Demand up for women-only motorbike taxis in Jakarta

SAFETY AND COMFORT: Women who used Ladyjek taxi services say they are more comfortable with this mode of transport as the employees are also women. They add that using alternatives, like public minivans, mean squeezing into the vehicle with too many men. PHOTO: REUTERS


    Jan 20, 2016

    Demand up for women-only motorbike taxis in Jakarta


    JAKARTA is seeing a growing number of transport services catering exclusively to women, offering better security and comfort when compared with packed public buses and trains in the Indonesian capital of 10 million people.

    Ladyjek and Sister Ojek, the most recent entrants to the female-only taxi services, have seen business take off less than four months after starting operations.

    "In other public transport such as minivans, there are too many men in such a tight space, which makes me feel very uncomfortable. However, I feel safe if it's Ladyjek because the bikers are also women," Uki Pratiwi said, before she got on a Ladyjek bike.

    Since its launch in October, the Ladyjek mobile app has been downloaded about 50,000 times.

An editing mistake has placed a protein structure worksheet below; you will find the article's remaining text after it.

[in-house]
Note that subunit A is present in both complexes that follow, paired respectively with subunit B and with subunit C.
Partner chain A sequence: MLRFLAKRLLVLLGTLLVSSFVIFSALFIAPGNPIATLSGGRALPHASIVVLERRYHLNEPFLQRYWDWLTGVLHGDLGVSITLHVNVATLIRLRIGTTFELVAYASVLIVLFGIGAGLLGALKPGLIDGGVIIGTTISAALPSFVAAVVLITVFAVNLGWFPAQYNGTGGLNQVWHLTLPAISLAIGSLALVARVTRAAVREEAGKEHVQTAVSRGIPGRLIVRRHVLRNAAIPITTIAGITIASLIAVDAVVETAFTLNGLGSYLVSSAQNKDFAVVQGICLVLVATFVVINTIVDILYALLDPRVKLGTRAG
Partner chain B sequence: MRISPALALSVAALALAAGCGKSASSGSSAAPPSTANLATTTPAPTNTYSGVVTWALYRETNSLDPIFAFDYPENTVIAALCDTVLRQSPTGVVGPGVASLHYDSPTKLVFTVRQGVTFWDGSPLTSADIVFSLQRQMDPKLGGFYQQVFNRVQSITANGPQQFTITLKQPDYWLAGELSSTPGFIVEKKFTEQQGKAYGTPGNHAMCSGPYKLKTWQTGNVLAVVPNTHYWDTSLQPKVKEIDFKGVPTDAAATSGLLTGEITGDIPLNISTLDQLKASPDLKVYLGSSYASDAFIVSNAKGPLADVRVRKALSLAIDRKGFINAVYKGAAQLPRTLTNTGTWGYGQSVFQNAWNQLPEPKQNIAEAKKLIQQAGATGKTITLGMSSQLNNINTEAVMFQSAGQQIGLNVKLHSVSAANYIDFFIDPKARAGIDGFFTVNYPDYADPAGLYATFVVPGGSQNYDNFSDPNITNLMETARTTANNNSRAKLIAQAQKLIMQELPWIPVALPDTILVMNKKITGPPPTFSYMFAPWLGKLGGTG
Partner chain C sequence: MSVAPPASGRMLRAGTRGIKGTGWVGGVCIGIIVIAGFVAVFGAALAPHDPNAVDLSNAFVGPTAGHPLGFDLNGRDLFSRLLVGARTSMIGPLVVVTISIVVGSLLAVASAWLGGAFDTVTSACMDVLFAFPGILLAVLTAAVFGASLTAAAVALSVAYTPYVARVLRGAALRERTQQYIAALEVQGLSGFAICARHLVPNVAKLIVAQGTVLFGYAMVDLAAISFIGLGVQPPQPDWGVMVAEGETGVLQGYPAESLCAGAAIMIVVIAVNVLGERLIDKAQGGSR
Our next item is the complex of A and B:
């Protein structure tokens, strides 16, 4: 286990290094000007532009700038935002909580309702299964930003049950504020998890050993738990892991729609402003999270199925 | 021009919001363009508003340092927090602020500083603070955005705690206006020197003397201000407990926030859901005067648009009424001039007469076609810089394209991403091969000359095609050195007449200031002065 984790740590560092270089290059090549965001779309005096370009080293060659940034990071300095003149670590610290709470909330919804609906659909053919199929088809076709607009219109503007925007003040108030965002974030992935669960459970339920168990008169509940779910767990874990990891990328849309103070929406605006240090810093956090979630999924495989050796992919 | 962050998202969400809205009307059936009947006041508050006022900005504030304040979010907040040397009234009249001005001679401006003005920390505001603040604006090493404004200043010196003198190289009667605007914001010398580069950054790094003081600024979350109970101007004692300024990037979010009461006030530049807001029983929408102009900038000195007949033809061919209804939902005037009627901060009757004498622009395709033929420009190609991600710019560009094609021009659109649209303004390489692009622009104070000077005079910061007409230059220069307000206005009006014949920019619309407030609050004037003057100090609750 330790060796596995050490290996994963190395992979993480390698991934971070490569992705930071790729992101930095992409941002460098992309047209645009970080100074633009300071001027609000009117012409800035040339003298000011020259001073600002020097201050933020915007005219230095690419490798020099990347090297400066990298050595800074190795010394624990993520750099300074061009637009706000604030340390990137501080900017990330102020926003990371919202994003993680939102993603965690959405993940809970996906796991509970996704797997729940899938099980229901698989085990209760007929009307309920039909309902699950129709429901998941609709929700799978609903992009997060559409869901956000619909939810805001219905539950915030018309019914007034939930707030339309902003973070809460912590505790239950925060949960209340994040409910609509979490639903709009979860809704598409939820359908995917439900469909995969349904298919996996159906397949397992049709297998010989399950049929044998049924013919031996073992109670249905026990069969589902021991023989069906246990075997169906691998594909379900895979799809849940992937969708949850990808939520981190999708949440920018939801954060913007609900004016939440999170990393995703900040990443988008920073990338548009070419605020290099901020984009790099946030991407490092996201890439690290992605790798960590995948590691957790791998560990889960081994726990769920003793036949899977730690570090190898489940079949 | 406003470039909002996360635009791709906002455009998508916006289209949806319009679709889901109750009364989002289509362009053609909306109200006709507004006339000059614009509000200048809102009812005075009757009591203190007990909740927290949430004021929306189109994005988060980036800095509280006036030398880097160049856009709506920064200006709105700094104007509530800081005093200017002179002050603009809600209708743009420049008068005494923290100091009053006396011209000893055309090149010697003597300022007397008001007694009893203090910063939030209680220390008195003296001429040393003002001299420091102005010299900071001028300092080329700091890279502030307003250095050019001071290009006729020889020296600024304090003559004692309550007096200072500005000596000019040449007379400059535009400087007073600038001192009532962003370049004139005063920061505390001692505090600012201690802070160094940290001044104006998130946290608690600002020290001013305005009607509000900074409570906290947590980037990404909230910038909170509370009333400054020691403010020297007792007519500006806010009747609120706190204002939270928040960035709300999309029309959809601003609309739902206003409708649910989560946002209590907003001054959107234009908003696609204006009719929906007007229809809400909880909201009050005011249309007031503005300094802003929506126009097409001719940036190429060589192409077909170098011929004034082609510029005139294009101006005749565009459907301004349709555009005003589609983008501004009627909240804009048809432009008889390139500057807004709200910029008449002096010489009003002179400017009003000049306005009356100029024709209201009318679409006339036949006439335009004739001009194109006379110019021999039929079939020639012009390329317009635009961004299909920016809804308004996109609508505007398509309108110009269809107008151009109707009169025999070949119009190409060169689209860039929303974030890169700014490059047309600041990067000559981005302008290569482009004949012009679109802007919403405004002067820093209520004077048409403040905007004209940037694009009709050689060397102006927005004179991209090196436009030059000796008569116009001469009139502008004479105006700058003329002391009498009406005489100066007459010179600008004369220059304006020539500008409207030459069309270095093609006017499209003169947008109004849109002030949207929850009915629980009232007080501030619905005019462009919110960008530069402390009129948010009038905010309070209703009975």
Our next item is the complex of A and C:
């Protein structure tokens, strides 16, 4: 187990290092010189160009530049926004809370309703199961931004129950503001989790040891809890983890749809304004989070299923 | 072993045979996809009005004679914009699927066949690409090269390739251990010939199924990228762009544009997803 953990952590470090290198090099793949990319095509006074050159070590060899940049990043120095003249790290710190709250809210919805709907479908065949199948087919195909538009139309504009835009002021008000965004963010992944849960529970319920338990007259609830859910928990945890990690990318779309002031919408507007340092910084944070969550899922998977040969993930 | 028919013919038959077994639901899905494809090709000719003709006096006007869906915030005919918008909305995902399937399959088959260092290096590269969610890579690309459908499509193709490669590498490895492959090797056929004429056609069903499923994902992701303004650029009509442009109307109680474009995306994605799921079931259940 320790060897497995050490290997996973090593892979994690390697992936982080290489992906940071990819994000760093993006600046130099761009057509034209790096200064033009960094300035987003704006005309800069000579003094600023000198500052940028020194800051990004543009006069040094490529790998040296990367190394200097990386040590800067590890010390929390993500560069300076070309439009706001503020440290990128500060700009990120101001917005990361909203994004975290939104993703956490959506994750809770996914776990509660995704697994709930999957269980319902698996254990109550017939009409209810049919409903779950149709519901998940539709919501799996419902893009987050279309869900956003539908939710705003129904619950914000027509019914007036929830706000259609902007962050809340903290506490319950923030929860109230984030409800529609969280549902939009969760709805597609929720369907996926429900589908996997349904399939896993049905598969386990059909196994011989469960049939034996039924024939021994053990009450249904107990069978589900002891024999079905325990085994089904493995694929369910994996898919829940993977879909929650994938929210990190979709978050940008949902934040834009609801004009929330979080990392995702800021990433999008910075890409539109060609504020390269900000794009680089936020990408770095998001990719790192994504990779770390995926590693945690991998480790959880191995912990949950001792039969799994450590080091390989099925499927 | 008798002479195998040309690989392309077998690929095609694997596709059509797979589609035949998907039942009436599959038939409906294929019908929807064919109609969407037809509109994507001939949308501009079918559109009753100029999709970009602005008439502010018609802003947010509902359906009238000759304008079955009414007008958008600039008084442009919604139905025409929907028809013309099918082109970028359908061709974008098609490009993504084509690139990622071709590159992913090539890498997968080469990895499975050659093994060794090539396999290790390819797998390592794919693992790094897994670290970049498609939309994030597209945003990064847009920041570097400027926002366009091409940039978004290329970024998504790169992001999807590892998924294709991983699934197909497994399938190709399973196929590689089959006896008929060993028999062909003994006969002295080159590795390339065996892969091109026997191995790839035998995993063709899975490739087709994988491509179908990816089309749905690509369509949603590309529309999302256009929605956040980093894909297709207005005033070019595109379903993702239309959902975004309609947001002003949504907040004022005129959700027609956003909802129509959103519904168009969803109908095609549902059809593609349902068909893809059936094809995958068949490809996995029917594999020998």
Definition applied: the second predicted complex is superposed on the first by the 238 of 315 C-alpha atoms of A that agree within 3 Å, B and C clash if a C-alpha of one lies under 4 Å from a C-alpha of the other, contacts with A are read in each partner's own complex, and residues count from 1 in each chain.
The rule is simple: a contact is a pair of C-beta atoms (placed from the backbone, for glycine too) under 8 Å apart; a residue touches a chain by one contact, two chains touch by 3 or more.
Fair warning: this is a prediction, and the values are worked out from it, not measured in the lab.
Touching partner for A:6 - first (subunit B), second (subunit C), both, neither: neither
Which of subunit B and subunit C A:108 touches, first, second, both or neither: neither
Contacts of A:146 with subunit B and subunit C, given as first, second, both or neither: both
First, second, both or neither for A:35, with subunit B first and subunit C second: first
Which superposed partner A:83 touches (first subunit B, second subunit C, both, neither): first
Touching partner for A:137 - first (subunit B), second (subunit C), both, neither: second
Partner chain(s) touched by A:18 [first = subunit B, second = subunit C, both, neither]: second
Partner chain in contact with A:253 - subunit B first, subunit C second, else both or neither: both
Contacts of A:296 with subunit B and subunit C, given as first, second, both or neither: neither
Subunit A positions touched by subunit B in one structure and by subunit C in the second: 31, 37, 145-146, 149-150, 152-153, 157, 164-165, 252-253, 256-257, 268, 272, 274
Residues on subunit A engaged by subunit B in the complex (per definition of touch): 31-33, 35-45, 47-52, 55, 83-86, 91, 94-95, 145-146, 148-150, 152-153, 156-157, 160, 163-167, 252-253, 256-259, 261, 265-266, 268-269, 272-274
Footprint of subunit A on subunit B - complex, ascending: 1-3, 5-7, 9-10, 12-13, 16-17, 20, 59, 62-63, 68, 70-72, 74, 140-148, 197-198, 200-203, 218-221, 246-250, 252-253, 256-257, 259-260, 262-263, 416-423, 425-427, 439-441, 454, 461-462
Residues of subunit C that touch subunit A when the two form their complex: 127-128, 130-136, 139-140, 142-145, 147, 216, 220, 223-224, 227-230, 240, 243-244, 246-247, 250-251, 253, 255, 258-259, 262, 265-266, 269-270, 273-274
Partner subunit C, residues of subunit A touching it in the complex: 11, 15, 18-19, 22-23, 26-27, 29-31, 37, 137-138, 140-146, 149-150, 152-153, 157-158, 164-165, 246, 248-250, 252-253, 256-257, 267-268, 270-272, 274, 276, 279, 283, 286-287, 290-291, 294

Hundreds of Indonesians use its services each day, said founder Brian Mulyadi.

    The company employs about 2,400 drivers, mostly housewives or students, and hopes to expand outside the capital soon.

    Dozens of motorcycle-sharing companies have set up in Indonesia in the past year, seeking to emulate the success of Go-Jek, the first firm in Jakarta to use smartphones to tap into the country's millions of traditional motorcycle taxis, known as ojeks.

    "The other online motorbike taxi services are very convenient but there's no service to take care of the safety and comfort of women.

    "That's why I created Ladyjek," Mr Mulyadi said.

    Other companies similar to Ladyjek include Ojesy or Ojek Syari, which offers hijab-wearing drivers.

    The rape of a woman in a public minivan sparked uproar in Jakarta last June but critics say the government has done little to prevent future cases.

    "The government hasn't really done much. Even when there are passengers who felt they were harassed and reported it to the authorities, the police are often confused about how to tackle the problem," transportation analyst Azas Tigor Nainggolan said.